1870 Strauch, Alexander, Revision der SalamaudridenGattungen nebst Beschreibung einiger neuen oder weniger j bekannten Arten dieser Familie. Mem. Ac. Sc. St. Petersburg, T. 16, 1870, p. 109, 2 pl. j

1872 Stricker, S. (ed.), Manual of humau and comparative histology. Tr. by Henry Power. 3 vols. London 1872. '^

1892 Strong, Oliver S., The structure and homologies of the cranial nerves of the Amphibia as determined by their peripheral distribution and internal origin. Anat. Anz., Bd. 7, 1892, p. 467 — 471.

1895 Steong, Oliver S., The cranial nerves of Amphibia. Journ. Morphol., Vol. 10, 1895, p. 101—230, 6 pl.

1888 Strube, K. W., [Ueber den japanischen Salamander]. [Russian.] Nachr. d. Kais. Ges. d. Freunde d. Naturwiss. Moskau, Bd. 50, 1888.

1874 Studee, Th., Ueber die Epidermis der Amphiuma didactyla [means]. Mitt. Naturf. Ges. Bern, 1874, p. 48.

1897 Studniöka, F. K., Studien über den Bau des Sehnerven der Wirbeltiere. Jen. Zeitschr., Bd. 31, 1897, p. 1 — 28, 2 Taf.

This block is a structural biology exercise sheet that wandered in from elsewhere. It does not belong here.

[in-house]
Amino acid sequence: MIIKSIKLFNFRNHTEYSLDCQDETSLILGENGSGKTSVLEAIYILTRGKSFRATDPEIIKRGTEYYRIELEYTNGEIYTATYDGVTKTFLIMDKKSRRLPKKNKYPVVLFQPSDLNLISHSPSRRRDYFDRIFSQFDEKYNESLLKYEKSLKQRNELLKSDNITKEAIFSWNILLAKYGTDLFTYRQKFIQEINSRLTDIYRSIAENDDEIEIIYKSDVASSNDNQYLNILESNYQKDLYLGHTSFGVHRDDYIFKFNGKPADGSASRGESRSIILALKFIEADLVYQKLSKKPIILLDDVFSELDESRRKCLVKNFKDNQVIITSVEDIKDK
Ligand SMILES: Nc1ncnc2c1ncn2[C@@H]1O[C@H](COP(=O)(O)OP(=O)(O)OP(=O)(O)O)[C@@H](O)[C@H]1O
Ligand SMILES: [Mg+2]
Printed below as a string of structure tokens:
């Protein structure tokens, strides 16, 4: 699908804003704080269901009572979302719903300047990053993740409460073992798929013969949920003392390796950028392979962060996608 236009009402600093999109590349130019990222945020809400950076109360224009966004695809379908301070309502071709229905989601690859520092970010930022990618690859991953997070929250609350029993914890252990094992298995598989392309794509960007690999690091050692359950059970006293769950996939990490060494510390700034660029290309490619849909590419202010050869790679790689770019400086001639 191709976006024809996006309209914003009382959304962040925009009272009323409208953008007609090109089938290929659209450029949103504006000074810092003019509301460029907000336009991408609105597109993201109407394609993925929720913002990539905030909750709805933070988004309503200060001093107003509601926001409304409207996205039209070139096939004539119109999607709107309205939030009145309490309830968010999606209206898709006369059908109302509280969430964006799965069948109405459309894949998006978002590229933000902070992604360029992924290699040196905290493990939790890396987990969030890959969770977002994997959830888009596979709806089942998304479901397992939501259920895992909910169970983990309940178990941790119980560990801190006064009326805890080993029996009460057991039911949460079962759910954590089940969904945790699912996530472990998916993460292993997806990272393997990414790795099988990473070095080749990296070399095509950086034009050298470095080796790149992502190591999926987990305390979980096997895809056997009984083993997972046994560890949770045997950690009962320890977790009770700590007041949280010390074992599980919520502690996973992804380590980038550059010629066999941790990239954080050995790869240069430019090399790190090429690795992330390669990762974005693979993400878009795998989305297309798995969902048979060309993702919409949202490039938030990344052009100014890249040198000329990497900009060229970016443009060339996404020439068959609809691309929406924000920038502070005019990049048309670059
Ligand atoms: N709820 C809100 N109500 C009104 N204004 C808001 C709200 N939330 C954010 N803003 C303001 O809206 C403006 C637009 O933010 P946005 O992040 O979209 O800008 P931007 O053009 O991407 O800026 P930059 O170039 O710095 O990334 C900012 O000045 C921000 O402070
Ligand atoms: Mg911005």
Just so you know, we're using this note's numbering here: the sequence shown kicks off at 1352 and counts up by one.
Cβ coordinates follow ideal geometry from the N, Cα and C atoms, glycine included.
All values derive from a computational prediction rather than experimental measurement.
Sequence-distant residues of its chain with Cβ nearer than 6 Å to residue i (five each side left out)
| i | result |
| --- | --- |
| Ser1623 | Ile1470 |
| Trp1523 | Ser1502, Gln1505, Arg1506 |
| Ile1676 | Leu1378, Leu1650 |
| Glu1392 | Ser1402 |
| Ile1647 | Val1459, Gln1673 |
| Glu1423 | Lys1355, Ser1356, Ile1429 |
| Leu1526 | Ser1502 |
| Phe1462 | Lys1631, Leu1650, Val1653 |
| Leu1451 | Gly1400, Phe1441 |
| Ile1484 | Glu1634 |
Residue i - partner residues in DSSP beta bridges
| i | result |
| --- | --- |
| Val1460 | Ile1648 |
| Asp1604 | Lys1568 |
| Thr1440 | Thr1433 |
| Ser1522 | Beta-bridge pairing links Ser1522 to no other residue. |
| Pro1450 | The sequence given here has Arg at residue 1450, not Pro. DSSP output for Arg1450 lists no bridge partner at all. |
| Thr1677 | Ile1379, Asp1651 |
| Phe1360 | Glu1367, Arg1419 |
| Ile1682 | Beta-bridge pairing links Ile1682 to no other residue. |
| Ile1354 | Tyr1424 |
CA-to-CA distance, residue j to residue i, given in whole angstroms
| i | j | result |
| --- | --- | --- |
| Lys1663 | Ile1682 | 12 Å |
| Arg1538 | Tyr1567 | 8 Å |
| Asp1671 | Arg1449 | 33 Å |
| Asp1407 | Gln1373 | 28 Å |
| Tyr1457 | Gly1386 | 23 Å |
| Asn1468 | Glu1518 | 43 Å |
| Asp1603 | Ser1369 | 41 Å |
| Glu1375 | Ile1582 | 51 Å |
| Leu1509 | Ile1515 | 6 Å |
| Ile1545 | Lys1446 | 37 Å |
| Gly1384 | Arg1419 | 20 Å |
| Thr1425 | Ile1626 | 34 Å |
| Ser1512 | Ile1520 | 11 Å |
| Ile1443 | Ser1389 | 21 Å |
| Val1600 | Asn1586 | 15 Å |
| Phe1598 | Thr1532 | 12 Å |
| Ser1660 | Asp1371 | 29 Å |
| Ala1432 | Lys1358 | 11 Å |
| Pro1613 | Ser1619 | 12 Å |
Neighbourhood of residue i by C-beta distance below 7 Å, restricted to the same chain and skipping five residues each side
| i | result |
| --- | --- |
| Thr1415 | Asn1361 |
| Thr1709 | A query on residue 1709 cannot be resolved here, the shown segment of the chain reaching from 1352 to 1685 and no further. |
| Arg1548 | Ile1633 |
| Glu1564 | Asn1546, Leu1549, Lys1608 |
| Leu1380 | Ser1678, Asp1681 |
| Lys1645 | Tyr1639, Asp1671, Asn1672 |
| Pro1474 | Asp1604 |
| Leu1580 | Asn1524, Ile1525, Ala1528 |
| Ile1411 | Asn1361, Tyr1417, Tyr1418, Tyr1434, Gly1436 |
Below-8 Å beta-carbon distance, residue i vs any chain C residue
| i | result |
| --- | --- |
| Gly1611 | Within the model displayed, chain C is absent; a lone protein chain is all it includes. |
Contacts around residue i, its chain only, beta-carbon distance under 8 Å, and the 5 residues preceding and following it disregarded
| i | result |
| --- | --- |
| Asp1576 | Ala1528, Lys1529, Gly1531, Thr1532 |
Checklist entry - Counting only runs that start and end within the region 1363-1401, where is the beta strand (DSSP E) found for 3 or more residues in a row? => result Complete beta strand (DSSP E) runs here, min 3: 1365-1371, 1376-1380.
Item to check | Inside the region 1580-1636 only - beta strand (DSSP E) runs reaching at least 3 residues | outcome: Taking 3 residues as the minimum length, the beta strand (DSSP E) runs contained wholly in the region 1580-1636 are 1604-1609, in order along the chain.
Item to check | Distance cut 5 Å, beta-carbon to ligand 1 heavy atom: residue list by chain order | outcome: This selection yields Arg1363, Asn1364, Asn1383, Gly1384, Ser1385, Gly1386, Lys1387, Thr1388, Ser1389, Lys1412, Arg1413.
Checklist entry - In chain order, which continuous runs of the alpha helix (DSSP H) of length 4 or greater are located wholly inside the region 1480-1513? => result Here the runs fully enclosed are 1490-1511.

1909 Takauasiii, Katashi, Histogenesis of the lateral liue System in Necturus. Thesis, Chicago 1909.

1838 Temminck, C. J., and Schlegel, H., Fauna Japonica auctore Ph. Fe. de Sibbold. Reptilia elaborantibus 0. J. Temminck et H. Schlegei-. Cum mappa geographico-zoologica et tabulis lithogr. XXVIII. Lugduni Batavorum, ex officin. lithogr. auctoris et typis J. G. Lalau, 1838. Fol. XXII -j- 144 pp. -\- doublepage map -f 9 + 10 + 8 pl.

1904 Terry, Robert J., Two skulls of larval Necturus. Amer. Journ. Anat., Vol. 3, 1904, p. XI.

1906 Terry, Robert J., The nasal skeleton of Amblj'stoma punctatum (Lin.). Trans. St. Louis Acad. Sei., Vol. 16,

1906, p. 95—124, 4 pl.

1875 Tommasini, M., Sulla diffusione del Proteus. Bellet. Soc. Adriat. Sc. nat.. Vol. 1, 1875, p. 152 — 156.

1882 Townsend, Chas. H., Habits of Menopoma. Amer. Nat., Vol. 16, 1882, p. 139—140.

1820 Treviranus, De protei anguinei encephalo et organis sensuum disquisitioues zootomicae. Commentationes societatis regiae scientiarum Gottingensis recentiores, Göttingen 1820, Vol. 4.

1837 TsciiüDi, J. J., Ueber den Homo diluvii testis (Andrias Scheuchzeri). Neues Jahrbuch für Mineralogie, Geognosie, Geologie und Petrefaktenkunde, Stuttgart 1837, Heft 5, p. 545 — 547.

1838 TscHUDi, J. J., Classification der Batrachier mit Berücksichtigung der fossilen Tiere dieser Abteilung der Reptilien. Mem. Soc. Sei. nat. de Neuchätel, Vol. 2, 1838.